Mail Archives: djgpp/1997/11/25/09:05:14

Sender: crough45 AT amc DOT de
Message-Id: <>
Date: Tue, 25 Nov 1997 15:02:56 +0100
From: Chris Croughton <crough45 AT amc DOT de>
Mime-Version: 1.0
To: eliz AT is DOT elta DOT co DOT il
Cc: djgpp AT delorie DOT com
Subject: Re: Excessive exe sizes

Eli Zaretskii <eliz AT is DOT elta DOT co DOT il> wrote:

> On Mon, 24 Nov 1997, sl wrote:

> > Regardless of if you allocate the array staticly or dynamically it
> > should NOT use up diskspace!
> This cannot be done in all cases.  For example, if the array is
> initialized by values other than zeroes, the linker has no other way
> than to write all those values into the disk .exe file.

However, if it is not actually initialised, for instance:

  int array[10000];

then there should be no need to put it in the executable.

Way back in the old days of the original Unix C, there was
a link area called BSS, Blank Space Segment (or Section).
This was set in the executable to tell the OS that it was
needed space, but didn't take up room in the image.  Either
the OS or the program startup code (on different systems)
would then initialise this to zero.

Can this be done now?  Certainly as far as the DOS executable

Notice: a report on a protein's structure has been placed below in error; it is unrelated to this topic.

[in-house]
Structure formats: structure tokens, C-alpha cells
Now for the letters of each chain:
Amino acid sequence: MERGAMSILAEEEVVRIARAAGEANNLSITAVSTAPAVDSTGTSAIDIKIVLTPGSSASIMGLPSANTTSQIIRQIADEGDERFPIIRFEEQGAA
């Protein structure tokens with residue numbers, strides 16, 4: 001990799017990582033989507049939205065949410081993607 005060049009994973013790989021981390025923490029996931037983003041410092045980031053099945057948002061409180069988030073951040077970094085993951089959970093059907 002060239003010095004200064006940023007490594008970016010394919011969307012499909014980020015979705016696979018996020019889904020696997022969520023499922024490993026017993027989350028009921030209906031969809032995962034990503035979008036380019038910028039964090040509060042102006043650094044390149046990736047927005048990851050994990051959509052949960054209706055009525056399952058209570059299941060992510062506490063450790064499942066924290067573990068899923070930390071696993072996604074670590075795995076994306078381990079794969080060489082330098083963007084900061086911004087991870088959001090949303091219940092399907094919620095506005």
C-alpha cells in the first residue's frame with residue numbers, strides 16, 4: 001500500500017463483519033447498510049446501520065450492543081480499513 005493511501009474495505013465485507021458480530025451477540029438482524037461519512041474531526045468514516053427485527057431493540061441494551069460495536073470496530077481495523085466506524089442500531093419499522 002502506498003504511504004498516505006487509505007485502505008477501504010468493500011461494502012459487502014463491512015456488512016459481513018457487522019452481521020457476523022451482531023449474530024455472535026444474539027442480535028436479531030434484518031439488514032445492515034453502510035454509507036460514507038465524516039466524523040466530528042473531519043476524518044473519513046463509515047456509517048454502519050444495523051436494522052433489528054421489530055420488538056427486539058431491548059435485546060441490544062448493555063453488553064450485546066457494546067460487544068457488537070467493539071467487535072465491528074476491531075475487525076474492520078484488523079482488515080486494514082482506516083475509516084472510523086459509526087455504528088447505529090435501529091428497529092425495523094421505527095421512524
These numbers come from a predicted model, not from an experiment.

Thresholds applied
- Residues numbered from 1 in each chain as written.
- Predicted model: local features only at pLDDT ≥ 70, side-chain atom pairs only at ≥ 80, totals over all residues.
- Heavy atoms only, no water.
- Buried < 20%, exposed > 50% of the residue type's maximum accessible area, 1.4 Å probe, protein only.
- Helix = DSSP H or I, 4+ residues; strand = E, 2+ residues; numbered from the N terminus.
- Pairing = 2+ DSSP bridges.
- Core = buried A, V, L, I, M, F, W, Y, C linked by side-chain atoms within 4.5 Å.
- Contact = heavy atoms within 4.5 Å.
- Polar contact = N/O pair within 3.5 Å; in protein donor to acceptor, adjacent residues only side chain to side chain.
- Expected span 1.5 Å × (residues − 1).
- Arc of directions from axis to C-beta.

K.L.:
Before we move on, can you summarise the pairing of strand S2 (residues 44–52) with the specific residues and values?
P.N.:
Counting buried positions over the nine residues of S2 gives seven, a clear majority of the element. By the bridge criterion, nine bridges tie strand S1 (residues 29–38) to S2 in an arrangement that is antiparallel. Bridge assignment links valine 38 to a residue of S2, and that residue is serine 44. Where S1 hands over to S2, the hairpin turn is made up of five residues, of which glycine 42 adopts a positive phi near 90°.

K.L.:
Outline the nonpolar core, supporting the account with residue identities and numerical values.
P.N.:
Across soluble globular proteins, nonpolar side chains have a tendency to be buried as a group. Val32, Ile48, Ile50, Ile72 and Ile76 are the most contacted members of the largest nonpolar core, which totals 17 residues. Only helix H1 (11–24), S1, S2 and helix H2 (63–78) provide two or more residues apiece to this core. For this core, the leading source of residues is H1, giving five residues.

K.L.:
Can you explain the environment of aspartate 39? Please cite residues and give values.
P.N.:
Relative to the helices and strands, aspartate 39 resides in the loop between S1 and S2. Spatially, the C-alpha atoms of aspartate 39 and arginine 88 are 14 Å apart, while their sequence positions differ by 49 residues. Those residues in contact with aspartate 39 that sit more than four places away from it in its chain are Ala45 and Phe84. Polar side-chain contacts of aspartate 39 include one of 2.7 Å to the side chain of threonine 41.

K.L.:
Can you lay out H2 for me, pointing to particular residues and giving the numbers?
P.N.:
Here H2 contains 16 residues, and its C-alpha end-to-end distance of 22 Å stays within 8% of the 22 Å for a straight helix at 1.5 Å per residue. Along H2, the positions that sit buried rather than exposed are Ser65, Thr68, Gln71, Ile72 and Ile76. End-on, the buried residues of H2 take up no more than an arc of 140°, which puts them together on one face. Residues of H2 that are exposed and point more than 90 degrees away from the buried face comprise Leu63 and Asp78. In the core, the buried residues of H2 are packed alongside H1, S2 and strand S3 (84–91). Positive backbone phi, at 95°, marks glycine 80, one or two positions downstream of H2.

format is concerned.  However, recent versions of Unix have
tended to drop this, because the Unix file format allows
files to have 'holes' which don't actually take up disk 
space - MSDOS doesn't allow this.

There's also the problem with ANSI C (and C++) that all
variables are initialised as though they had the value zero
assigned to them.  This used to be predictable that this was
the same as setting te memory to zero bytes, but the standards
explicitly allow for othe byte values to represent zero.  For
instance, a null pointer could be internally represented by
0xFFFFFFFF, say, and a floating-point zero value might have a
non-zero exponent.  This makes just "zapping" to memory to 
zero bytes not necessarily what is needed.

Surely the solution is to use the DJGPP exe compressor (DJP?)
which should make those massive blank regions effectively 
disappear.  This will have the same effect as on Unix, to
reduce the amount of disk space to a sensible amount.

Chris C

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